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His laboratory is developing bioinspired approaches for generating tissue-like structures as well as fabricating combinatorial biomaterials for regenerative medicine applications. He has been cited over 23,000 times and has an H-index of 80. Dr. Khademhosseini has received over 30 major national and international awards and Technology Review Magazine named him as one of the "Top Young Innovators" (TR35). He received his Ph.D. in bioengineering from MIT (2005), and MASc (2001) and BASc (1999) degrees from University of Toronto both in chemical engineering.
The University of Toronto, Canada
Eugenia Kumacheva's research interests focuse on the fundamental and applied science of soft matter: polymers, nanometer and micrometer-size colloids, gels, and liquid crystals. One of the powerful approaches developed in her group is the self-assembly of nanoparticles in structures with controllable geometry and complexity.
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She has approached nanoparticles as "colloidal molecules" and established that their assembly is governed by the same rules that produce equilibrium structures in systems built from molecules. In another approach, she discovered a new mechanism of shape transformations in soft materials. By mimicking the behavior of plant tissues she designed polymers with chemically distinct, fiber-like regions and achieved stimulus-responsive self-shaping of these.
Her other research interests include microfluidics (flow of fluids through narrow channels). She pioneered continuous microfluidic synthesis of polymer particles with exquisite control over their compositions, dimensions, and shapes, developed a microfluidic platform for fundamental studies of carbon dioxide in liquid media and discovered a unique behaviour of gels flowing through narrow capillaries.
Eugenia Kumacheva is Canada Research in Advanced Polymer Materials (Tier 1) and Fellow of the Royal Society of Canada. Her international awards include Chorafas Foundation Award in Physics and Engineering, Alexander von Humboldt Senior Research Award, Schlumberger Scholarship and the L'Oreal-UNESCO Award for Women in Science.
University of Bordeaux, France
Sébastien Lecommandoux is Full Professor at the University of Bordeaux (Bordeaux-INP). He is Director of the Laboratoire de Chimie des Polymères Organiques (LCPO-CNRS) and is leading the group “Polymers Self-Assembly and Life Sciences”.
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His research interests include polypeptide and polysaccharide based block copolymers self-assembly, the design of polymersomes for drug-delivery and theranostic, as well as biomimetic approaches toward design of synthetic viruses and artificial cells. He published more than 180 publications in international journal, 6 book chapters and 6 patents, with over 11000 citations (h-factor 54, Google Scholar). Sébastien Lecommandoux is recipient of the CNRS bronze medal (2004), Institut Universitaire de France Junior Chair (IUF 2007), Fellow of the Royal Society of Chemistry RSC (2017). He is Associate Editor of Biomacromolecules (ACS) since 2013 and in the Editorial Advisory Board of several international journals, including Bioconjugate Chemistry (ACS), Polymer Chemistry and Biomaterials Science (RSC).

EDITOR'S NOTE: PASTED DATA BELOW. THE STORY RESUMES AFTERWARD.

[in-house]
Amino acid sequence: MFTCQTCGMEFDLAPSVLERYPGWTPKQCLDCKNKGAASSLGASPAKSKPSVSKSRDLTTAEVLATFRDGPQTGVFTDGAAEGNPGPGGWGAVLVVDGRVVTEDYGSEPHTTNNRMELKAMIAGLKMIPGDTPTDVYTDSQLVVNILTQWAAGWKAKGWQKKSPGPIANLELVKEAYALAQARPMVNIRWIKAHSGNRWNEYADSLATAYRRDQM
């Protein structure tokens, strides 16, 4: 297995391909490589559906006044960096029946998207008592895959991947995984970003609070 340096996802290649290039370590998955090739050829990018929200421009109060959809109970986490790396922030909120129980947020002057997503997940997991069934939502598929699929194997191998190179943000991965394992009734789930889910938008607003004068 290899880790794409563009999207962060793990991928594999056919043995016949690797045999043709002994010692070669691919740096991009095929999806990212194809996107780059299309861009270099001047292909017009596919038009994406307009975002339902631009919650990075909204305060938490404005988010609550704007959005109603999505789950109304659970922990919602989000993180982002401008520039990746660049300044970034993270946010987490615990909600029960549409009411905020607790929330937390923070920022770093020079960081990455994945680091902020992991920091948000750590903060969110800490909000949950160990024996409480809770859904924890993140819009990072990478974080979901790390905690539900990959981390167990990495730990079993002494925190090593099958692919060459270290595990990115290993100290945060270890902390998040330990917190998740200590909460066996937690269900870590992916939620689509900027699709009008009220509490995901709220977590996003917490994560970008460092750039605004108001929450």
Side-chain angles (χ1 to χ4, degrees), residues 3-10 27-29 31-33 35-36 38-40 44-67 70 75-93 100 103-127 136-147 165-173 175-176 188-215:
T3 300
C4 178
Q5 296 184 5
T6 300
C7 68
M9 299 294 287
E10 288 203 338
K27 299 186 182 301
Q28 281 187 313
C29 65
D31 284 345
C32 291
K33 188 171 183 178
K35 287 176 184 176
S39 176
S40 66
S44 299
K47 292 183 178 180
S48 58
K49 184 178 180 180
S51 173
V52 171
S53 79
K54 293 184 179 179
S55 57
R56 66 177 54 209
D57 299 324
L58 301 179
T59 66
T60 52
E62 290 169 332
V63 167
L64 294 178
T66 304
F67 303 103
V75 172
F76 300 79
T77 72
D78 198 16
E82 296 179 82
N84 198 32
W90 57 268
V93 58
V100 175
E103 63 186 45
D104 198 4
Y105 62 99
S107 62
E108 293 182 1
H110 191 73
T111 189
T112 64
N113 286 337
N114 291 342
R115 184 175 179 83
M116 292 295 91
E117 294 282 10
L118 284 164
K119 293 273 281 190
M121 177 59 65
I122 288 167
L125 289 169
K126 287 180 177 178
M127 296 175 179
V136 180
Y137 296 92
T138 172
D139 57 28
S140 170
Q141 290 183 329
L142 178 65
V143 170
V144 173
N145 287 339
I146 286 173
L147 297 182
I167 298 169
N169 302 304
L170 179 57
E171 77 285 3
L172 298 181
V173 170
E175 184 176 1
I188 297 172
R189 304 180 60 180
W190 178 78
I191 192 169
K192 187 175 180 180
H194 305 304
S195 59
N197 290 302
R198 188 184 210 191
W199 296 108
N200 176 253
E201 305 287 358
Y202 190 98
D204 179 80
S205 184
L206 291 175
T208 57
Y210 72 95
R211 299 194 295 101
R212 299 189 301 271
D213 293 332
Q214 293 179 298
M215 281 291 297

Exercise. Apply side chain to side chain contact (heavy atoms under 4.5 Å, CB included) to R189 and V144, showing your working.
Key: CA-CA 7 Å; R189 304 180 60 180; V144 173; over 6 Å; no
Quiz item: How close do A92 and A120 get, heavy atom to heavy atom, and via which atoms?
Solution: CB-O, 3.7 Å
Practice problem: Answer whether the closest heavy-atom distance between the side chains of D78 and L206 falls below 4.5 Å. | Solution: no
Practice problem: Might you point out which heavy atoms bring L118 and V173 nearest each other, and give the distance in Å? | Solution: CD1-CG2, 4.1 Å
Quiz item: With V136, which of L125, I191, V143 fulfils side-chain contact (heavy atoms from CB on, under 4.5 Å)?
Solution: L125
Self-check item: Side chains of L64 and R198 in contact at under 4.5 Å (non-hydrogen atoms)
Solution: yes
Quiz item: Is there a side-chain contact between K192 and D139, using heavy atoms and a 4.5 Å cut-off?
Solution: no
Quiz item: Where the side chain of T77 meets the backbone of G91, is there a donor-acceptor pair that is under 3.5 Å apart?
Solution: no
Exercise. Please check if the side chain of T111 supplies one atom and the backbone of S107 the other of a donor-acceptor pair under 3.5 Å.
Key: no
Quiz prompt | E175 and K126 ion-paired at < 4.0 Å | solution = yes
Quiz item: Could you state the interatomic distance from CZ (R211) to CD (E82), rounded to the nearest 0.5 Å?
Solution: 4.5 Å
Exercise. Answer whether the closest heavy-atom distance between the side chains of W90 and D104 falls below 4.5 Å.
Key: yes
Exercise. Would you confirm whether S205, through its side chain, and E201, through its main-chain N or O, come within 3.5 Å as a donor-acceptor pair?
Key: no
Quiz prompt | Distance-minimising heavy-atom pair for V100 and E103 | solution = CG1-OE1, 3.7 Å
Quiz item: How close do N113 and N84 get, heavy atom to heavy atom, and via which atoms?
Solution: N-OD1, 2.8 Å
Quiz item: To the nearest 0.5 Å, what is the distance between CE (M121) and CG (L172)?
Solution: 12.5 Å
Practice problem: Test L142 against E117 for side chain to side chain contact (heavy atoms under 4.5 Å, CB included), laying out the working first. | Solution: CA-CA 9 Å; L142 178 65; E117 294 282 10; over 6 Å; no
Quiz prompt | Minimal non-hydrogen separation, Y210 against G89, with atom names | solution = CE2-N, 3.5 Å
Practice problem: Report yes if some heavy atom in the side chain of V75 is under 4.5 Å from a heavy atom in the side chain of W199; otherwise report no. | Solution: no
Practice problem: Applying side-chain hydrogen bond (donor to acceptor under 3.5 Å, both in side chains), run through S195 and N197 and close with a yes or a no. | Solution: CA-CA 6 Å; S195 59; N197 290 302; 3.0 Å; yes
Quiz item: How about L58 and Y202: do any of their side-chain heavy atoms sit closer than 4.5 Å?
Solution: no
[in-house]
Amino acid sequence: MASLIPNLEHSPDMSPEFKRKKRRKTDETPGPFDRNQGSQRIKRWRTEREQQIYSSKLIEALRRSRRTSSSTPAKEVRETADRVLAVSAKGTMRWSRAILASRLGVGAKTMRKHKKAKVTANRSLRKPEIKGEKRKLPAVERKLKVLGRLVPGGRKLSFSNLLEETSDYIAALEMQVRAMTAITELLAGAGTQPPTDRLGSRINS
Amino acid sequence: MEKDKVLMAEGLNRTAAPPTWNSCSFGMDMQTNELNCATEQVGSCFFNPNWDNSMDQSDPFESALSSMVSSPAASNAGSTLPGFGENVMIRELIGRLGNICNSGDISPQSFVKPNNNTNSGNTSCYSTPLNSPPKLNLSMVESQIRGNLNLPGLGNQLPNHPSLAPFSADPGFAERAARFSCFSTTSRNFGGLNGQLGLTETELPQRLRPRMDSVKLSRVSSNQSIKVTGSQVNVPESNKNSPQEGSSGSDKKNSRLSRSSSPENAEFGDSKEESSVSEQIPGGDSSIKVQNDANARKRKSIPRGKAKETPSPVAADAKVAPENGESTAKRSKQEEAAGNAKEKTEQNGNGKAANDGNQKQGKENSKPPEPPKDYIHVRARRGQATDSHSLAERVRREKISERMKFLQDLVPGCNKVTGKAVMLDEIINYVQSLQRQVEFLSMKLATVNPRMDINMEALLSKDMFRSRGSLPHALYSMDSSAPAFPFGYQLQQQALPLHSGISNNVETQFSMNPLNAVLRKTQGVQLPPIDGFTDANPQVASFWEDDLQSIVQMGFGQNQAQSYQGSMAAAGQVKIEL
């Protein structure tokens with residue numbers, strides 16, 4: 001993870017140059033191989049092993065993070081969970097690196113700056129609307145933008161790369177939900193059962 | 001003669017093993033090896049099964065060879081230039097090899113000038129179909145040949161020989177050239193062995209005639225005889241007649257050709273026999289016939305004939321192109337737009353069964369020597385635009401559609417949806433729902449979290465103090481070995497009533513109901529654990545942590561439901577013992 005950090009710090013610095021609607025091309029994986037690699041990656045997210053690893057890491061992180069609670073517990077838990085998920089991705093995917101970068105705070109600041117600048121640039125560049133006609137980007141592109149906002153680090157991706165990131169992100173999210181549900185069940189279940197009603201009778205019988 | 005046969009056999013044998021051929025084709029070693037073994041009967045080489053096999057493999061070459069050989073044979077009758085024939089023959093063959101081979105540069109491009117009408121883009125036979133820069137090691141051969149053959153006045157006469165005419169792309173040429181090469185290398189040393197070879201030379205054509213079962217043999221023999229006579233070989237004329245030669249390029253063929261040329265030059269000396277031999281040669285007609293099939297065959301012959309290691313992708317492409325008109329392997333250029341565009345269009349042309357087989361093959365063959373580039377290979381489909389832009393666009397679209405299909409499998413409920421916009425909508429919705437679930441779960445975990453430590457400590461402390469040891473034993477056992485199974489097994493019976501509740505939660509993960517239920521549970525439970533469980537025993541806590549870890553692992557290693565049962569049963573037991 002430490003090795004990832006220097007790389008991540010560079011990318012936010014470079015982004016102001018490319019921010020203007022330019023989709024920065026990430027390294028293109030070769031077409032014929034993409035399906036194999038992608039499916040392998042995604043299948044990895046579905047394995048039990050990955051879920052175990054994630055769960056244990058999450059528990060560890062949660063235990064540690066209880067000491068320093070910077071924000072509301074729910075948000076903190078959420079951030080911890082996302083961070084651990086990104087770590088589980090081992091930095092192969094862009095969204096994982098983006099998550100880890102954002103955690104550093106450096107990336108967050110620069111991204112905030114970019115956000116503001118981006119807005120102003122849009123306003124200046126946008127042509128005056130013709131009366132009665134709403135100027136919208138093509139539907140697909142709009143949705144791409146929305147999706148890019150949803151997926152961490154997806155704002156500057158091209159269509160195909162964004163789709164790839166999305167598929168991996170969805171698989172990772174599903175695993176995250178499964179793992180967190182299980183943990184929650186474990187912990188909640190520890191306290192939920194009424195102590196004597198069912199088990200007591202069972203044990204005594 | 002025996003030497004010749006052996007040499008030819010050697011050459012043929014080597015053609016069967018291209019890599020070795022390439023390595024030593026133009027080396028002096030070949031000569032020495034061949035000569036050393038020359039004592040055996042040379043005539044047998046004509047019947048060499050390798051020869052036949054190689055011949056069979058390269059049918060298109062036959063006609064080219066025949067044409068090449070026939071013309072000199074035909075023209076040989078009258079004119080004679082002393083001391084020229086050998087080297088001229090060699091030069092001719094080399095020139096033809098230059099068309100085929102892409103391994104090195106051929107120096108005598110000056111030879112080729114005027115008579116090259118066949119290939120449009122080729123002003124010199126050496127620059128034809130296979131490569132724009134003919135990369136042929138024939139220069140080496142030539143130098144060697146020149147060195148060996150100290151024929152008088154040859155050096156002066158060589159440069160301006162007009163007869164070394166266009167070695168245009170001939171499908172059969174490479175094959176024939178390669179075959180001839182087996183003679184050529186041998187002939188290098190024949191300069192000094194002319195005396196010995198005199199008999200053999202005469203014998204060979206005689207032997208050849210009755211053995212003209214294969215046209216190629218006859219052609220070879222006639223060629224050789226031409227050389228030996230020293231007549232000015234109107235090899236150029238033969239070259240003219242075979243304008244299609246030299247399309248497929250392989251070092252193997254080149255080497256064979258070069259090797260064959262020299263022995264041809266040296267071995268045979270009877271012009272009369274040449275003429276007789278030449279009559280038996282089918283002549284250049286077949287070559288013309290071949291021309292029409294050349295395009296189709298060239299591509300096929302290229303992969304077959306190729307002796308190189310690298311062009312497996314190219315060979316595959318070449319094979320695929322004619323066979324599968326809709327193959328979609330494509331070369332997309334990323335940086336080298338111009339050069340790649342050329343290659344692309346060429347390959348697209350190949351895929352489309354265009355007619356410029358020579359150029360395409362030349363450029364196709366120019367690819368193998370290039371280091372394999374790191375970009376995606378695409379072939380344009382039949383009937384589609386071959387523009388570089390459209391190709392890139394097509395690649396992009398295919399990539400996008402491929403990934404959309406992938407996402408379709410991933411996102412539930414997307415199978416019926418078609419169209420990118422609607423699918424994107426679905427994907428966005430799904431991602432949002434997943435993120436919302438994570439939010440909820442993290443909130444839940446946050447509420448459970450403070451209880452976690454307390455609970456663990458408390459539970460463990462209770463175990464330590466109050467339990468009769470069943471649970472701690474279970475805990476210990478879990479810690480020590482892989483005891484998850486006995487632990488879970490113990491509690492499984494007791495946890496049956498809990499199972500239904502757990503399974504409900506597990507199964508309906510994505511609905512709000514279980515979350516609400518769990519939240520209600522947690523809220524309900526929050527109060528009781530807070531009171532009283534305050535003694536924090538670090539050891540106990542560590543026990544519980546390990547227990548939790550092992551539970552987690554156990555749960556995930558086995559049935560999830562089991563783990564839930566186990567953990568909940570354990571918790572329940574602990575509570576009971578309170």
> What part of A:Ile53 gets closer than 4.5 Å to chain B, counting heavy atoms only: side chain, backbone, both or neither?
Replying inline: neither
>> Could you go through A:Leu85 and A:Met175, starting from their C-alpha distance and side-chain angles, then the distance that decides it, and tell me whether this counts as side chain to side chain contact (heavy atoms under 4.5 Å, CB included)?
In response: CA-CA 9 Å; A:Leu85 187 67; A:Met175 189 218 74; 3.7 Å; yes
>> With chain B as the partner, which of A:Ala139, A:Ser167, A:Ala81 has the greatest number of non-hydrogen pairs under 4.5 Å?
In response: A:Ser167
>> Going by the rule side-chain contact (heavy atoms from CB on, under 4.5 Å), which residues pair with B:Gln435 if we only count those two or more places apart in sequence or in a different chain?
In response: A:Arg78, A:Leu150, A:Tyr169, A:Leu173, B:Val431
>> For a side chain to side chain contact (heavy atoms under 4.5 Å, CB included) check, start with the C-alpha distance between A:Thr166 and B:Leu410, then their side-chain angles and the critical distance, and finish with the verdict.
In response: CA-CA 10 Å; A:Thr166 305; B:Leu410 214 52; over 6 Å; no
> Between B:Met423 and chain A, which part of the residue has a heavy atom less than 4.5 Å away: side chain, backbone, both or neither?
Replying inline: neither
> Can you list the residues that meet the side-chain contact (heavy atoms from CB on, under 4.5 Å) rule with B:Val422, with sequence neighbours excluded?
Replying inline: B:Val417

More information: http://www.lcpo.fr/3-polymer-self-assembly-life-sciences/
Personal page : http://www.lcpo.fr/index.php/fiche-utilisateur?id=227
Google Scholar: https://scholar.google.fr/citations?user=FKzOnNUAAAAJ&hl=fr
Luis M. Liz-Marzán
Luis M. Liz-Marzán is a PhD from the University of Santiago de Compostela (1992) and has been postdoc at Utrecht University and visiting professor at the Universities of Tohoku, Michigan, Melbourne and Hamburg, as well as the Max Planck Institute of Colloids and Interfaces.
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After holding a chair in Physical Chemistry at the University of Vigo, he is currently Ikerbasque Research Professor and Scientific Director of the Basque Centre of Cooperative Research in Biomaterials (CIC biomaGUNE), in San Sebastián. He is co-author of over 350 publications and 8 patents, and has received several national and international research awards. He is editor of ACS Omega, reviewing editor of Science and editorial advisory board member of several chemistry, nanotechnology and materials science journals. His current interests include nanoparticle synthesis and assembly, nanoplasmonics, and development of nanoparticle-based sensing and diagnostic tools.
João F. Mano
University of Aveiro, Portugal
João F. Mano (CEng, PhD, DSc) is a Full Professor at the Chemistry Department of University of Aveiro, Portugal, and director of the COMPASS Research Group, from the Associated Laboratory CICECO – Aveiro Institute of Materials.
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His research interests include the use of biomaterials and cells cells towards the progress of transdisciplinary concepts to be employed in regenerative and personalised medicine. In particular, he has been applying biomimetic and nano/micro-technology approaches to polymer-based biomaterials and surfaces in order to develop biomedical devices with improved structural and (multi-)functional properties, or in the engineering of microenvironments to control cell behaviour and organization, to be exploited clinically in advanced therapies or in drug screening.
João F. Mano is author of 580+ papers in international journals (19700+ citations, h=70). He has been part of a series of scientific societies and editorial boards of international journals, and is the Editor-in-Chief of Materials Today Bio (Elsevier). He has been coordinating or involved in many national and European research projects, including Advanced and Proof-of-Concept Grants from the European Research Council.
Northwestern University, USA
Samuel Stupp is Board of Trustees Professor of Materials Science and Engineering, Chemistry, Medicine, and Biomedical Engineering at Northwestern University.
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He directs at Northwestern the Simpson Querrey Institute for BioNanotechnology and the Energy Frontiers Research Center for Bio-Inspired Energy Science funded by the Department of Energy. Professor Stupp is a member of the National Academy of Engineering, the American Academy of Arts and Sciences, and the Spanish Royal Academy. He is a fellow of the American Physical Society, the Materials Research Society, and the Royal Society of Chemistry. His awards include the Department of Energy Prize for Outstanding Achievement in Materials Chemistry, the Materials Research Society Medal Award, the American Chemical Society Award in Polymer Chemistry, the American Chemical Society Ronald Breslow Award for Achievement in Biomimetic Chemistry, the International Award from The Society of Polymer Science in Japan, and the Royal Society Award in Soft Matter and Biophysical Chemistry. He has received honoris causa doctorates from Eindhoven Technical University in the Netherlands, the University of Gothenburg in Sweden, and the National University of Costa Rica.